It’s 7:00 am, and Joemar Class is dressed in his new Bulkeley High School uniform. His older brother William already finished school in Puerto Rico, so he’s still asleep in the bedroom the two boys share with their father.
Like any new ninth-grader on the first day of school, Joemar had ninth-grader emotion.
“Nervous," he said.
He’s not used to school in Hartford. He’s used to going to school in his pueblo of Florida, used to seeing his friends, used to having class in Spanish. So, yeah, he’s nervous.
“Nervioso,” he said, this time in Spanish.
We first met Joemar in mid-October in the San Juan airport. His father, Guillermo Class, had sold his car to buy plane tickets to get his kids and fly them up from Puerto Rico. The devastation on the island was too much.
Now, the boys are settling into their new home in Hartford’s South End. Barely a week later, and, using his wife’s car, Class drove 16-year-old Joemar to his first day at Bulkeley High School. After a short ride, he got out in front of his new school. Inside, he met Gretchen Levitz -- the school’s program director.
“I see you have a new uniform,” Levitz said. “You look great. You ready for a good first day?”
Then he met a couple of teachers.
“Hello,” they each said in Spanish. They asked where he’s from, they told him they were happy to see him, and it all seemed to take the edge off. Then, Levitz took him on a quick tour of school before classes began -- to the cafeteria, her office, the school store, the library, the nurse.
As he walked, we meet 11th-grader Shevaun Green. Wearing a junior’s standard jacket and tie, Green said he knows the situation Joemar Class is walking into. He came to Hartford last year from Jamaica. He feels at home now. But he remembered being scared at first. Everything was different.
“I saw a lot of different kids, and I was like, what kind of kids are these?” Green said. “A Jamaican boy came to me and said, ‘Oh, they’re Puerto Rican.’ And I’m like, that’s the first time I’m hearing that some kids are Puerto Rican. He said, yeah, there’s a lot of them up there. And they’re referred to as Latino sometimes.”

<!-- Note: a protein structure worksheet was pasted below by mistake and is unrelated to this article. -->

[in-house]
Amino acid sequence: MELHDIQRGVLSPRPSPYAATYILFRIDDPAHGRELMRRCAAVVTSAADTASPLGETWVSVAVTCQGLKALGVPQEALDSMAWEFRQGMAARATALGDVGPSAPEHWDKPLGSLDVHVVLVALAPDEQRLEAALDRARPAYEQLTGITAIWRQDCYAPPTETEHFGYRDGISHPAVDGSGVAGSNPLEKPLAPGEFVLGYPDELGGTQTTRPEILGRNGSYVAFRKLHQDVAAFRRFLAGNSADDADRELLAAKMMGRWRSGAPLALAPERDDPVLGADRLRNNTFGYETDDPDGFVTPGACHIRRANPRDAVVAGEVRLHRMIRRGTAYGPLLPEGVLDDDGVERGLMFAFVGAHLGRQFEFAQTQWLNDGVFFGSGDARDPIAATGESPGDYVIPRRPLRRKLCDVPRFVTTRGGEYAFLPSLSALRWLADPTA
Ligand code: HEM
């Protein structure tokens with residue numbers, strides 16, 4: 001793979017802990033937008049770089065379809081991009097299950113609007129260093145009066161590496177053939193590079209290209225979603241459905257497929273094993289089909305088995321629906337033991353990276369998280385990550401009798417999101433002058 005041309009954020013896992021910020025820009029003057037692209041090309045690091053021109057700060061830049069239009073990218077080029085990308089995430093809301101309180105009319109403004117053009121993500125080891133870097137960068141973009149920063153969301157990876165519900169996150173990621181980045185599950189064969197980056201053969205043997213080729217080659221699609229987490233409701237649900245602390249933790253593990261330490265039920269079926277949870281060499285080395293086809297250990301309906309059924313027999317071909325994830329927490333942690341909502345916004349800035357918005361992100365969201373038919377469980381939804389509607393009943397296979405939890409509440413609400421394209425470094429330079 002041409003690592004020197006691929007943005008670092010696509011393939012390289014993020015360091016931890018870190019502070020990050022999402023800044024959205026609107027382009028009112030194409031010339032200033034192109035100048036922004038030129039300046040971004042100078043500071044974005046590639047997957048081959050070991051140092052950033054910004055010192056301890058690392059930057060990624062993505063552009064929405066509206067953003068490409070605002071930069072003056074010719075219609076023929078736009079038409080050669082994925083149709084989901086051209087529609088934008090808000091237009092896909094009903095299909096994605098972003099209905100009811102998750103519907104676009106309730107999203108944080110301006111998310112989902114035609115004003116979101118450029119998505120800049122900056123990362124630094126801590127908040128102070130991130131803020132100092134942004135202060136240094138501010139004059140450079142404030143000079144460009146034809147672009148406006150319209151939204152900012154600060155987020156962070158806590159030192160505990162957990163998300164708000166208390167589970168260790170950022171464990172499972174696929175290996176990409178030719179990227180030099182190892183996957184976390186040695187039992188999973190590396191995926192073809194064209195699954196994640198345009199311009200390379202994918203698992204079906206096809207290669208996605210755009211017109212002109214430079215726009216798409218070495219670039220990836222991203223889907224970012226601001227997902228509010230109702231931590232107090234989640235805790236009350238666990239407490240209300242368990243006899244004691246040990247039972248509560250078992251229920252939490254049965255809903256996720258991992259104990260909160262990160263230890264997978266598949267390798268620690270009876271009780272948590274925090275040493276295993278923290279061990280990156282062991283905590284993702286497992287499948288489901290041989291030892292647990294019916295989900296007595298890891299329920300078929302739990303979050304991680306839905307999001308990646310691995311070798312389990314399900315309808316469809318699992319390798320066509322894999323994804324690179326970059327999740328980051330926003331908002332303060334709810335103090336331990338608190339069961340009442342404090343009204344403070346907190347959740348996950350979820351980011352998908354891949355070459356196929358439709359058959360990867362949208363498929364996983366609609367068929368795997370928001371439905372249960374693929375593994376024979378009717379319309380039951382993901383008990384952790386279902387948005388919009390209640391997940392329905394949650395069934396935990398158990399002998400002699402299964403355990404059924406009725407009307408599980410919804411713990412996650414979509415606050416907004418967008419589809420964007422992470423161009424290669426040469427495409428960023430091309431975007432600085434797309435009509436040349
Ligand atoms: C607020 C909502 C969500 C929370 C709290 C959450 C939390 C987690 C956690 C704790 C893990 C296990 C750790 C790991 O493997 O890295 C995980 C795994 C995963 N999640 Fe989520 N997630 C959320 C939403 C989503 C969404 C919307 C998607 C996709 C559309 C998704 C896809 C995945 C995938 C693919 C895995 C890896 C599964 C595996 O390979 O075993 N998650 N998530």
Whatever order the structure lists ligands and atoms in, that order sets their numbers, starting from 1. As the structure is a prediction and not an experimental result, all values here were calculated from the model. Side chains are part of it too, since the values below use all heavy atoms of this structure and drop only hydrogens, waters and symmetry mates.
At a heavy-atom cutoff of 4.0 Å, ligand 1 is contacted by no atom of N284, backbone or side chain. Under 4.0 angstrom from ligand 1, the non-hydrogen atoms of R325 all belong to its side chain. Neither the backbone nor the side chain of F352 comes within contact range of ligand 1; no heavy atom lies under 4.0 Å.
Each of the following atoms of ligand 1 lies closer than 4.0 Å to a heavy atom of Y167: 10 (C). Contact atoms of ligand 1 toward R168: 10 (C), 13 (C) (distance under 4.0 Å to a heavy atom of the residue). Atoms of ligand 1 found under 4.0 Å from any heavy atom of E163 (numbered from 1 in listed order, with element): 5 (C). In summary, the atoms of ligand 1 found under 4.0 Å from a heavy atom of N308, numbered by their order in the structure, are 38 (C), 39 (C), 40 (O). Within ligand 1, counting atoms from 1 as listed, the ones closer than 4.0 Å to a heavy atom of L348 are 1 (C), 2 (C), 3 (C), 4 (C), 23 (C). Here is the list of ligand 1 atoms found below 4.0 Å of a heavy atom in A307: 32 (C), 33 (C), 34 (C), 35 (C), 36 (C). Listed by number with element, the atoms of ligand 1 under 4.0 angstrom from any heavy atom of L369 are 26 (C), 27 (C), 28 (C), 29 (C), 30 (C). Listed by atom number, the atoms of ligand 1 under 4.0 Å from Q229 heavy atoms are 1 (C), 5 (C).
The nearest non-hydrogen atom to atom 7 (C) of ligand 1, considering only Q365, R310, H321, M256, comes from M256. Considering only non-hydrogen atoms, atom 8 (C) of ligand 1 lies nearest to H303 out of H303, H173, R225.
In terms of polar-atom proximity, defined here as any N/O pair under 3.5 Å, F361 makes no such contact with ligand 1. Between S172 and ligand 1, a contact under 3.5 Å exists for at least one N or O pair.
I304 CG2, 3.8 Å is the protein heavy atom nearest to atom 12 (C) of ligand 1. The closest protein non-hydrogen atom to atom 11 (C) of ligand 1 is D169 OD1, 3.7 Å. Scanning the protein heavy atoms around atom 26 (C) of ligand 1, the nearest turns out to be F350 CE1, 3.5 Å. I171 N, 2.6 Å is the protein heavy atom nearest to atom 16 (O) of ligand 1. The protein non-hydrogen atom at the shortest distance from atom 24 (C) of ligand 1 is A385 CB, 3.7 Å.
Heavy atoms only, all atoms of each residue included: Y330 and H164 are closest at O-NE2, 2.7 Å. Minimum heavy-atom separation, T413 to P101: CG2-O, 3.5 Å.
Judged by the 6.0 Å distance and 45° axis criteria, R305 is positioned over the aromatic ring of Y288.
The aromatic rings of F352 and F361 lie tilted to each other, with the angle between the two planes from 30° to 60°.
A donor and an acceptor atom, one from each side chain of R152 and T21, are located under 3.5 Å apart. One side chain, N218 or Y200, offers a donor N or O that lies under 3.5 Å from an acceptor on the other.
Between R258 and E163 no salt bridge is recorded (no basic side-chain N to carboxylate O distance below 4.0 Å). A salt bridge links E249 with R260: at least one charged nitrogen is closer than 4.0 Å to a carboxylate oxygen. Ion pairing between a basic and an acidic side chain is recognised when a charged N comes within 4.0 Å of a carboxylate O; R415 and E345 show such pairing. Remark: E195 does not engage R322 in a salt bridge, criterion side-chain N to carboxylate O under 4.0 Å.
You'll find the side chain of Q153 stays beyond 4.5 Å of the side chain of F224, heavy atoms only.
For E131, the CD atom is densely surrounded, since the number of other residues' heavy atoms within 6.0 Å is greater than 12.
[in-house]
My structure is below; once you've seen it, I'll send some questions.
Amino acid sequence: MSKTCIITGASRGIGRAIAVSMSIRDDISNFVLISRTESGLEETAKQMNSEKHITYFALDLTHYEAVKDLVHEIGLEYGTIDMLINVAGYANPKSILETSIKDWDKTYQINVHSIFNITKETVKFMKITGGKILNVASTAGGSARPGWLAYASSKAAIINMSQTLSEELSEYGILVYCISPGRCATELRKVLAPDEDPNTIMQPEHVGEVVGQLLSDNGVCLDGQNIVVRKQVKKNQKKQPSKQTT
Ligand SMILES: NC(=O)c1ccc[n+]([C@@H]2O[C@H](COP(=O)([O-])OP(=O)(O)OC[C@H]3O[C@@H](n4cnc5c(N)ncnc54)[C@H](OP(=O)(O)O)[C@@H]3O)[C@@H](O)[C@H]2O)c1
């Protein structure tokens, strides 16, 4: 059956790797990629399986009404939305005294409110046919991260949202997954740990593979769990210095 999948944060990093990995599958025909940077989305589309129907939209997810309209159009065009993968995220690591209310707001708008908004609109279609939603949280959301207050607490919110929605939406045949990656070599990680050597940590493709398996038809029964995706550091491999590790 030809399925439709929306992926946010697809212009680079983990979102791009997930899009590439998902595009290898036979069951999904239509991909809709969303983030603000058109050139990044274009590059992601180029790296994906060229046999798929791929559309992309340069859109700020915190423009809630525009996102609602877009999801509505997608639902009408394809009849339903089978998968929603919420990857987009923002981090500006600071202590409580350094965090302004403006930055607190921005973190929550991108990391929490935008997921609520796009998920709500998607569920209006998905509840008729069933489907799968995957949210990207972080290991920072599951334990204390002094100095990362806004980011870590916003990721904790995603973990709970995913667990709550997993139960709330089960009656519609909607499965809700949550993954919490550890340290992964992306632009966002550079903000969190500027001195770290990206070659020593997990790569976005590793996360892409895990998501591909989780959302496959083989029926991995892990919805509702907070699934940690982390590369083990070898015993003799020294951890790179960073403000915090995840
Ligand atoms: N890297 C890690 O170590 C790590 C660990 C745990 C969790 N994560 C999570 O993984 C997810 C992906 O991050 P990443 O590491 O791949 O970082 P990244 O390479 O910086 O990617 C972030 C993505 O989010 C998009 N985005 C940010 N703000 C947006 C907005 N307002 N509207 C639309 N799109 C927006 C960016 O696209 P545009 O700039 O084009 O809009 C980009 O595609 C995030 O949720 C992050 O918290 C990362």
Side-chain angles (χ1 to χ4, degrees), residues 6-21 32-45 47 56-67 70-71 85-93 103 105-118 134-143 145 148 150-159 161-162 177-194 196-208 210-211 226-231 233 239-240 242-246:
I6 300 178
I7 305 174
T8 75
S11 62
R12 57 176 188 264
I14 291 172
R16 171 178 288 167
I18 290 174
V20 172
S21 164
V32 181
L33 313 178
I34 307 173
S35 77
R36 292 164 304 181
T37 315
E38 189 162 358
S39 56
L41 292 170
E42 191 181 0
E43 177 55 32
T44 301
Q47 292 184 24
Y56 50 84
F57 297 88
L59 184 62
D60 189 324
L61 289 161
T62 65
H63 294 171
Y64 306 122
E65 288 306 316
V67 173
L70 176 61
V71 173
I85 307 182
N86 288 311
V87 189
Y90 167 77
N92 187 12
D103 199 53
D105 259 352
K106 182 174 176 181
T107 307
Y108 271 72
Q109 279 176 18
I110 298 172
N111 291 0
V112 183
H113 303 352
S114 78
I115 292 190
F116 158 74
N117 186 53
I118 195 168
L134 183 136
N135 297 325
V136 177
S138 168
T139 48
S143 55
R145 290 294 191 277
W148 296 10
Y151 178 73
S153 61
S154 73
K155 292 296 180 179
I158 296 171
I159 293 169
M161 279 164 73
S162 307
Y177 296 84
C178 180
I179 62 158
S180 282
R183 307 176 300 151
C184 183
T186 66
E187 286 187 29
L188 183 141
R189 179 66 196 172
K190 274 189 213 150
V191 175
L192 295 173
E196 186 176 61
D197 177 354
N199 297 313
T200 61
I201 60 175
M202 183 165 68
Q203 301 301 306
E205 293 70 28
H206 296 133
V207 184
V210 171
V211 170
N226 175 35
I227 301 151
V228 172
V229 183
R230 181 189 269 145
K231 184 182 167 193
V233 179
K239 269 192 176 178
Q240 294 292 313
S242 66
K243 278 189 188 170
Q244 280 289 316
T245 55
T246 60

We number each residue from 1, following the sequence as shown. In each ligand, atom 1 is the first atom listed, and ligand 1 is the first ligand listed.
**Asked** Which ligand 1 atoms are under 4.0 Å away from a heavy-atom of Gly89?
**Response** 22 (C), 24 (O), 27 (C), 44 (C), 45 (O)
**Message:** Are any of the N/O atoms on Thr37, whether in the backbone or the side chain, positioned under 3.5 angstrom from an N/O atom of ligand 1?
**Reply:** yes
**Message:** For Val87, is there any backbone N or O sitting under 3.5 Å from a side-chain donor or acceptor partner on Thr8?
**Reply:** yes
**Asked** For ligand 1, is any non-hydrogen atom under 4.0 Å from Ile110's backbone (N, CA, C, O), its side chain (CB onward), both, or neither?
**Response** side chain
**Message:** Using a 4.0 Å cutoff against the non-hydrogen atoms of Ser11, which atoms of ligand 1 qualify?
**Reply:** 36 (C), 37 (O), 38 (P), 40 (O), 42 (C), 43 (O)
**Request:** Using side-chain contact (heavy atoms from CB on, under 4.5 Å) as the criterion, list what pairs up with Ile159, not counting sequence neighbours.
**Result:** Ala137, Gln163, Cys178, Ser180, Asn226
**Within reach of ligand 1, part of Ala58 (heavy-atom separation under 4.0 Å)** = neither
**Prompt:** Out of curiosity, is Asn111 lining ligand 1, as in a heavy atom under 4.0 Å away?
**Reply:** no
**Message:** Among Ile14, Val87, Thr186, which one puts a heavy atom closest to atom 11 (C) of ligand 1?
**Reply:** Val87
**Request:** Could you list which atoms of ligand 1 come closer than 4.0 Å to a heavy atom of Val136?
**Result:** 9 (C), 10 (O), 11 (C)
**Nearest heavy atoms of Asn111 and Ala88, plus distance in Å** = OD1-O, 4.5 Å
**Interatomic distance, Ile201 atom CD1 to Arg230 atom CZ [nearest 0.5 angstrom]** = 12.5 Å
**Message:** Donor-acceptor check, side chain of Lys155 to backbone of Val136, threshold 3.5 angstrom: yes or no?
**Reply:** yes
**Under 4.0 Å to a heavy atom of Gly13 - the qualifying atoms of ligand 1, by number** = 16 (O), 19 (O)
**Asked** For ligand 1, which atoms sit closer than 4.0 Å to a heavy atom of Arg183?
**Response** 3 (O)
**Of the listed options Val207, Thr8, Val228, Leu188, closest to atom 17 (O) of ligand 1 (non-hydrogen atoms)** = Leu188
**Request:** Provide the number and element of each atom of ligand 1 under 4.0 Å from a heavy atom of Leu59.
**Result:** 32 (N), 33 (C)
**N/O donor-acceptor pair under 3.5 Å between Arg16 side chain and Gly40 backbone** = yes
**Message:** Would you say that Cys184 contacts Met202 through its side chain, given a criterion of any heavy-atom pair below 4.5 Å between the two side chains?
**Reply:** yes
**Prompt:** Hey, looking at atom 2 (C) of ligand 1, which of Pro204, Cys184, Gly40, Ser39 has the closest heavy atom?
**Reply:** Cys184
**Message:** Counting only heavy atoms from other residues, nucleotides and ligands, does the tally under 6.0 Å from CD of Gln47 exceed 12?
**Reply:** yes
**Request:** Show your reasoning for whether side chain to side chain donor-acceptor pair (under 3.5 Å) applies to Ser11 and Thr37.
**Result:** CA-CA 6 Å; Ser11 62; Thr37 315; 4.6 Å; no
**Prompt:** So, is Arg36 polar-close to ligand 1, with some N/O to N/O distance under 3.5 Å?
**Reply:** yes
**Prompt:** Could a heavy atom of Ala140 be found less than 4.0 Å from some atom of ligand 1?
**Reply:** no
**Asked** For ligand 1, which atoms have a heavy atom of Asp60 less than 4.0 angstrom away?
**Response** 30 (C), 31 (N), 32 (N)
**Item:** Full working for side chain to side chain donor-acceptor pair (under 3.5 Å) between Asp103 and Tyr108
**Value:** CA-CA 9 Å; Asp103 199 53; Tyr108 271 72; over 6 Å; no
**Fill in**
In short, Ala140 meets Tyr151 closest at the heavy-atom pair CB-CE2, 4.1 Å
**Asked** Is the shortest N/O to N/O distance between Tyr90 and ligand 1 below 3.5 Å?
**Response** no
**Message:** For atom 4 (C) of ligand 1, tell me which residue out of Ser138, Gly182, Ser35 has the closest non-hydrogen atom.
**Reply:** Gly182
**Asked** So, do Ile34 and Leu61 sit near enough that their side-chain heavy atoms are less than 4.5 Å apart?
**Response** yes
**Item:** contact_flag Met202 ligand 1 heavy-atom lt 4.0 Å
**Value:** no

But that different feeling -- that’s normal in a school that has a total of 19 languages spoken.
“We have so many students here from other countries that come here new every single day,” Levitz said. “So it’s nothing like he’s the only one. And we expect more and more, especially from Puerto Rico, and we’re ready for everybody.”
And, though he may feel like the only new kid from Puerto Rico in the school, he isn’t. Levitz said Bulkeley has 17 new students from the island this month alone.
Eventually, Joemar settled into class. As we left, his father -- Guillermo Class -- summed it all up.
“You could tell he’s a little nervous,” he said. “But, at the same time, he’s looking forward to it. He was really excited. He was asking about, don’t forget tomorrow, 7 o’clock, and wake up with the alarm.”
And with that, a week after he brought his kids back to Hartford where they were born, Guillermo Class could check another thing off the list. More than a month after Hurricane Maria turned his life upside down, Joemar Class is a student again.
This story is part of “The Island Next Door,” WNPR’s reporting project about Puerto Rico and Connecticut after Hurricane Maria.